Here's One Less Thing for Hong Kong Homebuyers to Worry About
(Bloomberg) -- Hong Kong, the world’s least affordable housing market, can be a depressing place for people trying to buy a home. But they can at least take comfort the city’s banks are taking it slow in the rate-hike cycle.
HSBC Holdings Plc, BOC Hong Kong Holdings Ltd. and Standard Chartered Plc all left their key lending rates unchanged in Hong Kong on Thursday after the U.S. Federal Reserve raised its target range by a quarter percentage point.
“Banks are acting proactively now in order to reach their mortgage volume targets in the coming year,” said Ivy Wong, a managing director at Centaline Mortgage Broker Ltd. “What they can do is very diverse, from maintaining a competitive mortgage rate to offering rebates.”
Banks are keeping borrowing costs low and offering other sweeteners like cash rebates and discounts because of strong competition in the sector. Effective rates are around 2.38 percent, lower than 2012 levels, even after signs an almost 15 year bull run in property prices is coming to an end. Goldman Sachs Group Inc. is forecasting a 15 to 20 percent drop in home prices over the next two years.
HSBC is the city’s largest lender in terms of the number of loans extended for finished apartments this year, Centaline Mortgage Broker data show. Bank of China Ltd.’s Hong Kong-based unit is the second-largest mortgage lender this year, while Hang Seng Bank Ltd. isn’t far behind.
Liquidity remains abundant even though interbank funding has been tight in recent weeks, Norman Chan, chief executive of the Hong Kong Monetary Authority, said on Thursday.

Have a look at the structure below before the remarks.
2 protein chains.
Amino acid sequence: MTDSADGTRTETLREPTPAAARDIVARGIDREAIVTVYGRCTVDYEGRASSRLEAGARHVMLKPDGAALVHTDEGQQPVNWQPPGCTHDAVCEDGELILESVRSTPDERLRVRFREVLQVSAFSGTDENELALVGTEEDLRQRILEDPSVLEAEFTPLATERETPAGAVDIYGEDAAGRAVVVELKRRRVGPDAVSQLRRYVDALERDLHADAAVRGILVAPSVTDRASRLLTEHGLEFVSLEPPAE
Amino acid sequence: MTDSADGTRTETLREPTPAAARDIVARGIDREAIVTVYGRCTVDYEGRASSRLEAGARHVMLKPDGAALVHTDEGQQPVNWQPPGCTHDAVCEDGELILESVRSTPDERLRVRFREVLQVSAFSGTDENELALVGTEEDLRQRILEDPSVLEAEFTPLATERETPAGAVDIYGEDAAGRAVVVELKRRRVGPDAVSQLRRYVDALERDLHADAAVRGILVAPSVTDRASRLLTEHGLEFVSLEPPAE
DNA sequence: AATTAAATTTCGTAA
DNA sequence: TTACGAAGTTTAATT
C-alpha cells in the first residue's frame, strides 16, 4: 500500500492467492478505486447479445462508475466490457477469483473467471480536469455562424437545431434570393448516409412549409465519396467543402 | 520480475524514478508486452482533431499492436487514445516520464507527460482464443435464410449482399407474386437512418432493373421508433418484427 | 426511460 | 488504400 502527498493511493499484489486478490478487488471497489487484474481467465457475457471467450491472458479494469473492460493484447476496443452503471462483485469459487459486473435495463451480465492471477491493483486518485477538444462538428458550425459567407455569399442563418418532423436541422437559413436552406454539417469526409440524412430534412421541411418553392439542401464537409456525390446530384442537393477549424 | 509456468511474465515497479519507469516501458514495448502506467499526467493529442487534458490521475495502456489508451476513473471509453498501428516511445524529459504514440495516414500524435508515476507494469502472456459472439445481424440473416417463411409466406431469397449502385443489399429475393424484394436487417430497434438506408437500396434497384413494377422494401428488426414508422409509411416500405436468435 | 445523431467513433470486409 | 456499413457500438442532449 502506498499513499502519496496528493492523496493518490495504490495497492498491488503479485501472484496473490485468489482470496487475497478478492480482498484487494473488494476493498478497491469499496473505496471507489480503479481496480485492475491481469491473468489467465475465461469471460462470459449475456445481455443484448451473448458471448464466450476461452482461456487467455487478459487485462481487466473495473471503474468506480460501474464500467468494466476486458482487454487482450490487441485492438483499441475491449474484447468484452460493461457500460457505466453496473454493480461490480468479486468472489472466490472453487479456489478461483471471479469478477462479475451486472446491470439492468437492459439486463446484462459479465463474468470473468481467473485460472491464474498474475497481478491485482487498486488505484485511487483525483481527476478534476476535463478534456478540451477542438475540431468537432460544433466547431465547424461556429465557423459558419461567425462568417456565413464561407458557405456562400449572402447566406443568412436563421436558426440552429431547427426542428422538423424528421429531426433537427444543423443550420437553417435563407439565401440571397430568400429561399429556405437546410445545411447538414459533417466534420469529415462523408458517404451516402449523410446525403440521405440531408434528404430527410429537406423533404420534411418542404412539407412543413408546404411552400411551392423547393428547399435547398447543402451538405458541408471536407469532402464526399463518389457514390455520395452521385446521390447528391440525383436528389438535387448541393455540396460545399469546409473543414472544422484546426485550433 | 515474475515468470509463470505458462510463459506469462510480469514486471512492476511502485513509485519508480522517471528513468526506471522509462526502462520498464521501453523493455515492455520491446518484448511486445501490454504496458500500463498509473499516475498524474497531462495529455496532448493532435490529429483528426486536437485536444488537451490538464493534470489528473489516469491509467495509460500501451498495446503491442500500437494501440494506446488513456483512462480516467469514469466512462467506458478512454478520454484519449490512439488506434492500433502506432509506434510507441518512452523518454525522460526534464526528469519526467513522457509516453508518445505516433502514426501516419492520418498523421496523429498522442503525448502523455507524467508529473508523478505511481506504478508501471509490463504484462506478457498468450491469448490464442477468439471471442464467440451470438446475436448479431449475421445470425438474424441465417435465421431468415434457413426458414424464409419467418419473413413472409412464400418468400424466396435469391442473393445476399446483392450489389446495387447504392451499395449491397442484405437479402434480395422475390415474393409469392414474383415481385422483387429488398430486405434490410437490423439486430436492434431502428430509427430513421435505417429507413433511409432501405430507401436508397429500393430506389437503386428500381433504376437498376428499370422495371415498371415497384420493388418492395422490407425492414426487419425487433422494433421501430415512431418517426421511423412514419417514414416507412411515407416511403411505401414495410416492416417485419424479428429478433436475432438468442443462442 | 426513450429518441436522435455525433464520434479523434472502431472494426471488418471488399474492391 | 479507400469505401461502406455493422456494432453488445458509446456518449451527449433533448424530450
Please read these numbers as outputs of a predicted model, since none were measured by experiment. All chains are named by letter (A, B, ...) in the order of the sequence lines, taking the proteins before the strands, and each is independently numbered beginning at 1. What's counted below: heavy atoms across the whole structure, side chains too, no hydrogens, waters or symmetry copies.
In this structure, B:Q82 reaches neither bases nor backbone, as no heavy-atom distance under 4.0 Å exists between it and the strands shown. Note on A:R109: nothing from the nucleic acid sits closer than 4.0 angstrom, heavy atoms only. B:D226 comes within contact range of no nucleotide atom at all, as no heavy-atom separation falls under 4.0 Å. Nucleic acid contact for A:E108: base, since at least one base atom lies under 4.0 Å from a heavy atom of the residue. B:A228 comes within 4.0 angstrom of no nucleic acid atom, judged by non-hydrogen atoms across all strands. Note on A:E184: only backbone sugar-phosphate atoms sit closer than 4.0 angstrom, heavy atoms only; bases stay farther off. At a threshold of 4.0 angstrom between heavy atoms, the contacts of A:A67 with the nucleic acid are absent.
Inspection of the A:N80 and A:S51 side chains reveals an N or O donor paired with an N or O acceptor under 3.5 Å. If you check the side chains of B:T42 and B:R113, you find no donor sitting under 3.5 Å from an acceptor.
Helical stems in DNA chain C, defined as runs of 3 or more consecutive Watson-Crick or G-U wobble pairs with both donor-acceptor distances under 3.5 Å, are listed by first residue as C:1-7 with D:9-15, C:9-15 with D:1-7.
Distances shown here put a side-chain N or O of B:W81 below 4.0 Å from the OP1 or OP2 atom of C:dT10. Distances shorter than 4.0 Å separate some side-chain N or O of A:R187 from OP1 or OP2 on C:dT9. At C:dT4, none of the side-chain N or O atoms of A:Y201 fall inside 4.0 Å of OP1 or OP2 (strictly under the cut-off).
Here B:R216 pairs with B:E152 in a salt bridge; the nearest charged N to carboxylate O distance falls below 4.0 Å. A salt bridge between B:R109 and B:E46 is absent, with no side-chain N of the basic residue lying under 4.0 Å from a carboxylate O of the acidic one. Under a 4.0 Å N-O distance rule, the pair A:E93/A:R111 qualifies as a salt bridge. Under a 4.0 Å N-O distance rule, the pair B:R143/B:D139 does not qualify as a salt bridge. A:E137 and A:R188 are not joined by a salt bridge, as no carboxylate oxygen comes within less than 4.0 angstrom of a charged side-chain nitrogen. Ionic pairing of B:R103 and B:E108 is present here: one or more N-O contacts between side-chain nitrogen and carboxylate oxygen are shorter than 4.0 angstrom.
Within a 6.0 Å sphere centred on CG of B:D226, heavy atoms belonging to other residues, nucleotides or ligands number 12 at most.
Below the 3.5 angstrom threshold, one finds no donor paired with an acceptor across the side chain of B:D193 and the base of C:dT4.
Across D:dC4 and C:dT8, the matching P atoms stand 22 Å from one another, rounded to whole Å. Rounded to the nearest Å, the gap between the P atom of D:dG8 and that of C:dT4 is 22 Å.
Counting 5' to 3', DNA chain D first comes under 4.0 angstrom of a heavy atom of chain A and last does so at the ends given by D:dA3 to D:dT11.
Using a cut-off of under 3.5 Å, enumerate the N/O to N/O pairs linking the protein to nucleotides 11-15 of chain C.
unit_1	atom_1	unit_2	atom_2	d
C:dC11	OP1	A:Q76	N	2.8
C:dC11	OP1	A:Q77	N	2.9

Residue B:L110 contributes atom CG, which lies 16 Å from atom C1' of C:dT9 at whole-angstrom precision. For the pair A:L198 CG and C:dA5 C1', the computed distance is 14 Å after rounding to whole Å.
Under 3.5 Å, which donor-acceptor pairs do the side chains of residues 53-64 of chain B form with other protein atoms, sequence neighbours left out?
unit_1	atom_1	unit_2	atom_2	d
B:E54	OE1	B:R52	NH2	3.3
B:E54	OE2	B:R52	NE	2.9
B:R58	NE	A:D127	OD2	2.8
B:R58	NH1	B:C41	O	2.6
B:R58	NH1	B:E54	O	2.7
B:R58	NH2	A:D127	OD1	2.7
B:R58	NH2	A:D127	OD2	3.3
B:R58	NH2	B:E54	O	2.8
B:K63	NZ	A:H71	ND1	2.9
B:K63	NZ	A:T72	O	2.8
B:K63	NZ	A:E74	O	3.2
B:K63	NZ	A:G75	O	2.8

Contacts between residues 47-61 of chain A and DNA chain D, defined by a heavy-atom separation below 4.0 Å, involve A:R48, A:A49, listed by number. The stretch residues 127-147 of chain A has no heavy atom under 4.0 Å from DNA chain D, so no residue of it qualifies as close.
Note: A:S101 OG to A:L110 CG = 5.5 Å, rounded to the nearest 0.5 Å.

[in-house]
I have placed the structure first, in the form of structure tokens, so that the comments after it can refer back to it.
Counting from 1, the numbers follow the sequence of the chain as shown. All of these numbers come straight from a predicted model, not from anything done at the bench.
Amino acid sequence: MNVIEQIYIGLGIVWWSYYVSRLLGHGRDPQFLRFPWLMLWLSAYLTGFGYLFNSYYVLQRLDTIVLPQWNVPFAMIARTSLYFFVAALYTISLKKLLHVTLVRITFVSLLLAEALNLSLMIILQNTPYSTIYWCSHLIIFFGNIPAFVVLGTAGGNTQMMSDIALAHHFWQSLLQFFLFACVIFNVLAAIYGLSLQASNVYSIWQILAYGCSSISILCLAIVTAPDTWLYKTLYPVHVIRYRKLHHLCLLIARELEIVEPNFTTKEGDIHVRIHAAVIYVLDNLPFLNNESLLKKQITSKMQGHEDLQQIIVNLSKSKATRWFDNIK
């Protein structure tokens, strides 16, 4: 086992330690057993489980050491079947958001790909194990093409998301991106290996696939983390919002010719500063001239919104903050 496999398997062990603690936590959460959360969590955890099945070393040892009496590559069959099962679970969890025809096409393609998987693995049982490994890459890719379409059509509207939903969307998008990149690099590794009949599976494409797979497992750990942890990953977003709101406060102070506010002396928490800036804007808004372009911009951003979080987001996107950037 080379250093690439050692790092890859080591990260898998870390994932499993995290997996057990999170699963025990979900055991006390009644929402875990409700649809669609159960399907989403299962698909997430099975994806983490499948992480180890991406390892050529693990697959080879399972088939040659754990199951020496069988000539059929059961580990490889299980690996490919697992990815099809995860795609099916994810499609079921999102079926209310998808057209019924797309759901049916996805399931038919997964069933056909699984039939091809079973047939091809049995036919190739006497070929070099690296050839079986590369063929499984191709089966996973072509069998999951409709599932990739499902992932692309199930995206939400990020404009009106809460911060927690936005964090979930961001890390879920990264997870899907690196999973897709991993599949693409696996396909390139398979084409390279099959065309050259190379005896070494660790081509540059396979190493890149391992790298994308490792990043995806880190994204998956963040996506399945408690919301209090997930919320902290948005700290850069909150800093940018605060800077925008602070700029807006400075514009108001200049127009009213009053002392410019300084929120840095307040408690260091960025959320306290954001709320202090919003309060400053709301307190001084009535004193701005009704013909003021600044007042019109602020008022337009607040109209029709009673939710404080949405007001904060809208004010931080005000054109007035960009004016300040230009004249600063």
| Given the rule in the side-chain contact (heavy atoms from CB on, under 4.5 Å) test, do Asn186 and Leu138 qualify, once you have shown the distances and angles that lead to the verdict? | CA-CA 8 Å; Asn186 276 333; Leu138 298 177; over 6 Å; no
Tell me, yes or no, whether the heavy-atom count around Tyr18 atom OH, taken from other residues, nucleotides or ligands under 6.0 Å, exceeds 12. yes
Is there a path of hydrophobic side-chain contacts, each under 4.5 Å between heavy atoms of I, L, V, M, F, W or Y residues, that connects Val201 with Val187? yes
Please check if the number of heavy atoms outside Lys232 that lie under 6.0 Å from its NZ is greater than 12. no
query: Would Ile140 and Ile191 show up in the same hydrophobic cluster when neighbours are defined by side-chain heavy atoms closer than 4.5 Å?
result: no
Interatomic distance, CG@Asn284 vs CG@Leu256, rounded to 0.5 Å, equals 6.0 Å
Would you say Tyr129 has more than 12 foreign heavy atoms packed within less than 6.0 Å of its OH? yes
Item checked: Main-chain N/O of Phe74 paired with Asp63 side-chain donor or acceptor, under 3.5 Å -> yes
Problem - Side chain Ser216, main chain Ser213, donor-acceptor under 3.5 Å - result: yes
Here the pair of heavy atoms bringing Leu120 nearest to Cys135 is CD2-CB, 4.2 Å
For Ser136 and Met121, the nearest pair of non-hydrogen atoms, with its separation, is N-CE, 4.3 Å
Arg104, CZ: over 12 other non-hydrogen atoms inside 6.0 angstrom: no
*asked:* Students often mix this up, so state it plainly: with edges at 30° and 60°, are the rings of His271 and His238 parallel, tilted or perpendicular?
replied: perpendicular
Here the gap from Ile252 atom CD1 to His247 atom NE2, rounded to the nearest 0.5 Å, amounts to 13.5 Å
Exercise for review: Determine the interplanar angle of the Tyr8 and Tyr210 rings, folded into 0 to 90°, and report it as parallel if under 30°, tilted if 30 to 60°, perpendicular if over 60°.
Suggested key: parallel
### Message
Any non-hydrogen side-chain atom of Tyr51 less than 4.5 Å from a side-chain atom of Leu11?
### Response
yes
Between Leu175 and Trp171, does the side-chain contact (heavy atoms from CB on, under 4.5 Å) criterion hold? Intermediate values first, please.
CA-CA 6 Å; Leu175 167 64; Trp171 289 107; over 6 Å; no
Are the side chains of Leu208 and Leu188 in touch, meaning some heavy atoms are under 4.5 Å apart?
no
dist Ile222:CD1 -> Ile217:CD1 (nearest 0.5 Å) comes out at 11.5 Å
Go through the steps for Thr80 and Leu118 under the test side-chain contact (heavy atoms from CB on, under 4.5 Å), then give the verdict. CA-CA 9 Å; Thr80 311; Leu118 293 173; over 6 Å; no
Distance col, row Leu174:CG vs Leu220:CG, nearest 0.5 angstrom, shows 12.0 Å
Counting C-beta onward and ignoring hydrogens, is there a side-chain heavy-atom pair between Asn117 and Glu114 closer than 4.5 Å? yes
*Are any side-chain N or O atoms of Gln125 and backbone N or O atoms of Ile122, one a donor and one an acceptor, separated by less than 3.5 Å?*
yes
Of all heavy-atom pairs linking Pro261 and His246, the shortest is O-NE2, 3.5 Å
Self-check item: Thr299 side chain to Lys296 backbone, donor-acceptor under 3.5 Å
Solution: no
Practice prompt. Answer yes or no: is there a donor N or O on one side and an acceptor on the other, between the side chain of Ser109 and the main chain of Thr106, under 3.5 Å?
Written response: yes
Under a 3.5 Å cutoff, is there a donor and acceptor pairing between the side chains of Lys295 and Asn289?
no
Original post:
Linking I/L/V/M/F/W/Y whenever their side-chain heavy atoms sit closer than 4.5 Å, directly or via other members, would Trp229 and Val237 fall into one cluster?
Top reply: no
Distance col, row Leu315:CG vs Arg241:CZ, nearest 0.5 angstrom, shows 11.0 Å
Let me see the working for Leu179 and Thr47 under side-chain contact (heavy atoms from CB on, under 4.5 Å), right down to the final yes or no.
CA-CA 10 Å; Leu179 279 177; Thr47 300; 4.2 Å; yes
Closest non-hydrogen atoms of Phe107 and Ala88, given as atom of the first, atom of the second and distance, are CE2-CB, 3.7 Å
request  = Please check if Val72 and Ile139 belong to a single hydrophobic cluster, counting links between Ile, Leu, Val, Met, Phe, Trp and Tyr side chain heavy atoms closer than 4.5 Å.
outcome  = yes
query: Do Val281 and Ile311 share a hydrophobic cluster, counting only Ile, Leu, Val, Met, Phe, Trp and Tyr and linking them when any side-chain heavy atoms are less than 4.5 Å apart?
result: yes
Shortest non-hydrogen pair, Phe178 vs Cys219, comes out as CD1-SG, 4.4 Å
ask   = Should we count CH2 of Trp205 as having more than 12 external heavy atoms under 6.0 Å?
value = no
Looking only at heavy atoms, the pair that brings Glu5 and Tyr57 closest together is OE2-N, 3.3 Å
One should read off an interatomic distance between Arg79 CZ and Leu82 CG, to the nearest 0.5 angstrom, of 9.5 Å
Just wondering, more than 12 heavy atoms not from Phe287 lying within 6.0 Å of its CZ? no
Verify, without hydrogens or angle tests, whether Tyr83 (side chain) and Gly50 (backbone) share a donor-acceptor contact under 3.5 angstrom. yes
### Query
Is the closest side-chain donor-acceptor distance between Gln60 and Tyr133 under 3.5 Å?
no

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The aggregate balance -- a metric that measures the liquidity of commercial banks -- has been stable since the last rate hike by Hong Kong banks in September. That increase was the first since 2006. And liquidity is still greater than it was before the dawn of U.S. quantitative easing in 2008, hovering around HK$77 billion ($9.8 billion).
There’s also limited room for lenders to boost mortgage rates. Overall loan demand is lackluster as central banks the world over withdraw stimulus, and trade tensions between the U.S. and China rise. Concern about leverage in China also means there’s less opportunity for banks in Hong Kong to make advances to mainland firms. Outstanding loans in Hong Kong have dropped every month since July, HKMA data show.
The city’s weaker property market may also weigh on banks’ mortgage businesses. Property prices are down 7 percent from their August peak.
“The property market should remain quiet,” said Joyce Kwock, head of property research in Nomura International (HK) Ltd. “There will be less aggressive bidding”’ for homes.
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